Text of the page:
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The San Francisco call. [volume] (San Francisco [Calif.]) 1895-1913, November 25, 1897, Image 1

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Oakland Sacred Heart
Church Property
Tjhe Blaze Communicated?! to
4. Clergy-House and Girls'
Little If Anything Saved From th«
Fire— Valuable Statue
Fiercely raging flames last night de
stroyed the Sacred Heart Church, corner
of Fortieth and Grove streets, Oakland,
the clergy house and the girls' school. It
is believed to have been of incendiary or
The priests connected with the church,
Fathers Serda and Scanlan, went in to
Oakland early last night to attend a lec
ture delivered by the Rev. P. C. Yorke of
this city. On their return nothing un
usual was noticed, and they retired.
At about 11 o'clock they were awak
ened by the ringing of the church bell
and wild cr.e* of "Fire! Fire!'' Father
Serda was the first to be aroused, and
throwing open his window he noticed a
blaze in the rear of the church. Hastily
awakening his household he went out to
help light the flames, which were rapidly
getting headway.
The Fire Department soon arrived on
the spot, and the men wonted like heroes
to save the building, but all to no purpose,
is it was old and the dry wood burned
S-.te tinder.
lo add to the dfficulries the water sup
(add to the d is very the water sup
* hich at ne-t is very scant in that
\:t, soon gave nut and the firemen j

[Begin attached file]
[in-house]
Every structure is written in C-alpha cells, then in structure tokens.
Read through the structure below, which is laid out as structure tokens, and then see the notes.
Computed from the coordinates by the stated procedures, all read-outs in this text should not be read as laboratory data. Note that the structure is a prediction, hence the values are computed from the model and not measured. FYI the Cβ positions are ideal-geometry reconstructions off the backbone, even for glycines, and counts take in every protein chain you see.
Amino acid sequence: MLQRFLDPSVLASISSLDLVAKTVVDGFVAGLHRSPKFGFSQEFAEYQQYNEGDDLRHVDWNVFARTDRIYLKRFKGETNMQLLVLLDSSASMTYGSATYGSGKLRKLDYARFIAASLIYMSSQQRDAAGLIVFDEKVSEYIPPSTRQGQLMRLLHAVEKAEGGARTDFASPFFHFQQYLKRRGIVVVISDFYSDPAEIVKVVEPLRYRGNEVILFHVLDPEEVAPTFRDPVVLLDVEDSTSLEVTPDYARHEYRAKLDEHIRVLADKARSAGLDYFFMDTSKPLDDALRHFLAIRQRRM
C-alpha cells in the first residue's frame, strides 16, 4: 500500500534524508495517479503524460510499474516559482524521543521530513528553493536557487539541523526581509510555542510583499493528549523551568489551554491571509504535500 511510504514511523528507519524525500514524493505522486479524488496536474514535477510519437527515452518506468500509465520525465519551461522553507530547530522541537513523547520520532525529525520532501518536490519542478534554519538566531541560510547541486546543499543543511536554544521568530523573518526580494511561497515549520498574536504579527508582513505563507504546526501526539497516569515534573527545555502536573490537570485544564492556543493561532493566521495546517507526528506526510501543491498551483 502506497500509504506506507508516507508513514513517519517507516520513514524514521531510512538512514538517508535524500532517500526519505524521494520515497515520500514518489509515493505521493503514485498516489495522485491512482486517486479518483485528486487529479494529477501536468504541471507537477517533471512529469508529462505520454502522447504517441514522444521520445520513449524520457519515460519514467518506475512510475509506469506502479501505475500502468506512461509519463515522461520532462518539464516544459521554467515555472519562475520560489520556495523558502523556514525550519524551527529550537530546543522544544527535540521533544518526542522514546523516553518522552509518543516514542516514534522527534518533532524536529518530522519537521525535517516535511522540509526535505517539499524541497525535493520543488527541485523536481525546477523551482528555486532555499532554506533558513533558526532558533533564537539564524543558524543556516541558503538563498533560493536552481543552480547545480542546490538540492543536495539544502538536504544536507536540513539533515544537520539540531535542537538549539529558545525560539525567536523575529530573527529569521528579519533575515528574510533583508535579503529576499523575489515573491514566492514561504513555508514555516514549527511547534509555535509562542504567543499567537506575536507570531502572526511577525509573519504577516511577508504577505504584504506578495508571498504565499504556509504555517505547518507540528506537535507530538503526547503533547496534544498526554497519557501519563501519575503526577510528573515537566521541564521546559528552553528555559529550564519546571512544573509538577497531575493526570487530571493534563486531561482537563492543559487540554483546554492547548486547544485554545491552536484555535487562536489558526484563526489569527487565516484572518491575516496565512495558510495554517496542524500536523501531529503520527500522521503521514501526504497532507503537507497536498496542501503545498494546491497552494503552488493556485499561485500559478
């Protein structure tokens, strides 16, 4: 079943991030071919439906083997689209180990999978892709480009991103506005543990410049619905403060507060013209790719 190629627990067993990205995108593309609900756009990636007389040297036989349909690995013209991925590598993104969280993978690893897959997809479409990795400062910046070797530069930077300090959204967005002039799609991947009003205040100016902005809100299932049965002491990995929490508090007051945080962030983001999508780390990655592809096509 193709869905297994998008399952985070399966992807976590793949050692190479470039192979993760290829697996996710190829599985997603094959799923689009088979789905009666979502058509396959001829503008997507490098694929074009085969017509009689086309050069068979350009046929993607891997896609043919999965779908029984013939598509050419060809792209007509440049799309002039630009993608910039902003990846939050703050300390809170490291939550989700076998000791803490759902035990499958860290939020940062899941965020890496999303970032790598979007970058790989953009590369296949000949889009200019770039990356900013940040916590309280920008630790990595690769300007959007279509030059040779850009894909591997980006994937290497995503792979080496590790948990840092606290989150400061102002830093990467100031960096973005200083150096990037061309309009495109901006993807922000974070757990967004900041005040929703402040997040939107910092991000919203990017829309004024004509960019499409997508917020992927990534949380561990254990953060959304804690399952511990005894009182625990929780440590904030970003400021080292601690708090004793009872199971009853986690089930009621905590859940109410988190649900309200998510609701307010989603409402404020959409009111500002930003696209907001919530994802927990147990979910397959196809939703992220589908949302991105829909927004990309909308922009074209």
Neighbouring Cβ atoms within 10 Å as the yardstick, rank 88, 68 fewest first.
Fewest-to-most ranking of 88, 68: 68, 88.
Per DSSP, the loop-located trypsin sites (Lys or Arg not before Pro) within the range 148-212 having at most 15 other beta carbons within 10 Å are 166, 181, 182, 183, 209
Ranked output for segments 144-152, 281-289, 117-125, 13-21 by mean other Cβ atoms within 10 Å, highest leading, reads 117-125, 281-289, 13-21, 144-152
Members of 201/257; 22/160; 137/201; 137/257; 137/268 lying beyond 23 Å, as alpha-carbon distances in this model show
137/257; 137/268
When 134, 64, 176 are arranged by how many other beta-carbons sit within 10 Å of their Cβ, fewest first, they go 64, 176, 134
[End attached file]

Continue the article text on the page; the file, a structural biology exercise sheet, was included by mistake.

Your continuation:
We obliged to leavs the noble edifice. !
where the prayers and praises to God
have been sounded for the past twenty
years to its fate and bend all their efforts
toward saying the adjoining buildings.
Tills task also prov.-d futile, as the
flames soon communicated to the ciergy
iiou-e immediately adjoining.
The flames here burst out with such
fieiceness that no effort was made to
quench them, and what , i : tie water could
be obtain- d was at once turned on the
school building, which adjoins the church.
But to pour water on a building alongside
these raging furnaces was u«e'ess, and
wnile the outs de of the ding wts com
pletely drenched it soon took fire on the
inside owins to the fierce heat from the
burning buildings immediately surround
ing it.
The sight was now on=? of terrible
grandeur. The sky was completely over
cast and the three torches cast a glow
over the landscape for miles. The at
mosphere was perfectly still, &nd the
flames, now shooting high in air.
now sizzling, cracking and de
vouring all within their reach,
cast a glow over the town of Oakland,
Alameda and Berkeley, which could
eu-ily be distinguished on this side of the
bay, while the dense clouds of smoke
totally obscured such few stars as had
made their way through rents in the
clouds, and showers of sparks and burn-
brands momentarily threatened new
▼. ; ir,gers in the twin cities across the bay.
j .;e loss on the buildings will be very
heavy, as almost everything was de
stroyed, and there was very little insur
ance. Tne only thing saved from the
church was the vestments and the blessed
sacraments, which some unknown hero
brought out at the risk of his life, while
a statue of the Blessed Virgin, considered
the finest in the State, was destroyed.
The loss on the church is estimated at
fully $17,003, while the insurance is but
(6000; on the clergy-house, $2500—insur